Anderson covers far more in his book than I can summarize in this review. Many issues he broaches are of grave concern. Transgender activists have gone to great lengths to reeducate the public, and especially children, about sex and gender, using absurd graphics such as “The Genderbread Person” or “The Gender Unicorn” to brainwash youth into accepting an unproven ideology. Transgenderism is also changing the way health professionals do medicine. Having bought into activist claims that children who are “consistent, persistent, and insistent” about their gender identity must begin transitioning, many medical experts now follow a four-step procedure: first comes social transitioning where new clothes, name, pronouns, and treatment of the child is prescribed; second, for children close to puberty, they will be placed on puberty blockers; third, by age sixteen, cross-sex hormones (estrogen or androgens) will be delivered; and fourth and finally, sex reassignment surgery is done after age eighteen. Tragically, this process is unnecessary as anywhere from 80-95% of children who express gender dysphoria will eventually come to identify with their natural bodily sex if simply left alone. When this startling statistic is combined with the reality that the suicide rate of those who do undergo gender transitioning is nineteen times higher than the general public, adopting the transitioning procedure above looks utterly foolish.

Although the entire book is excellent, I happen to think the most important chapter is chapter three where Anderson highlights the stories of six transgender persons who ended up regretting their decision to transition and eventually detransitioned. These stories are gut-wrenching—they simultaneously stir up deep compassion for these afflicted souls while also sparking indignation at a culture and ideological movement that has, in many cases, done irreparable harm toward those genuinely struggling with gender dysphoria. Most importantly, those with gender dysphoria are often in great anguish—feeling utterly disconnected from their bodies and pariahs in society. They have usually suffered some sort of trauma in their life, or endured misogyny and sex stereotypes. Sometimes the trauma was due to bullying, other times from losing a parent; in certain circumstances, parental figures would cross-dress them or lavish love upon their opposite-sex siblings while ignoring them. These kinds of mistreatments caused deep wounds and drove these children to fantasize about being the opposite sex as a way to cure their pain, what they later came to see as a gender dissociative disorder.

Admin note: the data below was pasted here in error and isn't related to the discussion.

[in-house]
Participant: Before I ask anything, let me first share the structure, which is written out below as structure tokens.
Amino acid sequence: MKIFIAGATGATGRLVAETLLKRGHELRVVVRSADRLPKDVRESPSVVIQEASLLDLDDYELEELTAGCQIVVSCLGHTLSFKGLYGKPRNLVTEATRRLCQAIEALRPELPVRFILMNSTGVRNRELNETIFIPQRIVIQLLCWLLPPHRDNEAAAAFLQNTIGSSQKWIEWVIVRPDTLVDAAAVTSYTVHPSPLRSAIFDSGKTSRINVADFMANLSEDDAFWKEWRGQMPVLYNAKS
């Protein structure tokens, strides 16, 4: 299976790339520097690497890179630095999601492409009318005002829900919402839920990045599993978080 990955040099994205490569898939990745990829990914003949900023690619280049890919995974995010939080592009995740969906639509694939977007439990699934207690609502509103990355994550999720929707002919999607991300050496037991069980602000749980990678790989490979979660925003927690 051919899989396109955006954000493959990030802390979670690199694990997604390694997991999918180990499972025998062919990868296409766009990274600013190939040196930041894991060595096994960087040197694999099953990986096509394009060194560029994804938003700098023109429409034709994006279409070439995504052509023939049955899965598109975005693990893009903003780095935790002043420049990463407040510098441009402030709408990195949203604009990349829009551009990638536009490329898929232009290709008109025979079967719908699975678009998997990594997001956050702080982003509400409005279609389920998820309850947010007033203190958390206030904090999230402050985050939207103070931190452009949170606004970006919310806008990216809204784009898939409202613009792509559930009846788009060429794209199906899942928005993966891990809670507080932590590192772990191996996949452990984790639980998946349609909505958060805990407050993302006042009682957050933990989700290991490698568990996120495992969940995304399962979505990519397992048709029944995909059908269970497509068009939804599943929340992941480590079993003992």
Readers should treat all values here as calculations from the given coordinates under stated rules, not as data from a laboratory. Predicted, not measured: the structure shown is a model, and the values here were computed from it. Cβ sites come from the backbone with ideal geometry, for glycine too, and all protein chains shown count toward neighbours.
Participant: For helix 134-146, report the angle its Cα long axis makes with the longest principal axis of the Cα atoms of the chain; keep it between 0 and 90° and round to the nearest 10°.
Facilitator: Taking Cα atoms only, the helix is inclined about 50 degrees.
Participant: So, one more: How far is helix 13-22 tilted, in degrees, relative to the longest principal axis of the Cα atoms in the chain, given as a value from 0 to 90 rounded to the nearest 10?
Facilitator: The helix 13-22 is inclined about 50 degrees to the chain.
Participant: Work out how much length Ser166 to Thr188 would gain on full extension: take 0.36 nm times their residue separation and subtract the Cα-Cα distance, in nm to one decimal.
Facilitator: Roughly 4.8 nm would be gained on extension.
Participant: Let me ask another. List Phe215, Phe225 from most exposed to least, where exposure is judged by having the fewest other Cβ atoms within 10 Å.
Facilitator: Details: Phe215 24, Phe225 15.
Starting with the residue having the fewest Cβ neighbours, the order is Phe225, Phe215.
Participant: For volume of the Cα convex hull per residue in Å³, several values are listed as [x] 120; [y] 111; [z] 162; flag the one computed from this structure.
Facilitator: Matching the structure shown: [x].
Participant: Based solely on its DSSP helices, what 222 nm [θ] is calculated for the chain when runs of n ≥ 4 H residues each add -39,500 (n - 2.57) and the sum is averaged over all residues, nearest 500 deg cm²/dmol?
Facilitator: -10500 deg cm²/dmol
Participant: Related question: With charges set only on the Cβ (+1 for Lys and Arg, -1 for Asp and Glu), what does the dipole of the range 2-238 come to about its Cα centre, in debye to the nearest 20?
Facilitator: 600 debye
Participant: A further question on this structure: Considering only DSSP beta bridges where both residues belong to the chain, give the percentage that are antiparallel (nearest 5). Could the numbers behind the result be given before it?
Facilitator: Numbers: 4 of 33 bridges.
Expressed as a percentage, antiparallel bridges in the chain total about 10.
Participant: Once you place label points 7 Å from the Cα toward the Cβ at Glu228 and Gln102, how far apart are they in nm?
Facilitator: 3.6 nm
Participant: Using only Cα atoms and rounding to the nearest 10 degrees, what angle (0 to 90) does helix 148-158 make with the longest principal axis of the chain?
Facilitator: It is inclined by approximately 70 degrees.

When they sought help, they found medical and health professionals not only eager to affirm their transgender identities, but pressuring them to transition as soon as possible. Few of these professionals stopped to genuinely listen to the needs of these conflicted individuals; instead it was assumed that their transgender identities were determinative and that changing the body was the only solution. Many of those wrestling with gender dysphoria trusted these professionals, but others also felt desperate: unable to live with their dysphoria and ready to commit suicide, they believed their only means of survival was to transition. They were never given another option, and they were blithely led to believe that hormonal and surgical treatments were safe and effective treatments. Yet when the transition failed to achieve the desired results, these transgender individuals felt deeply betrayed by their health advisors. One person called this kind of aid “a form of medical abuse.” Passages like this from a detransitioned youth are chilling: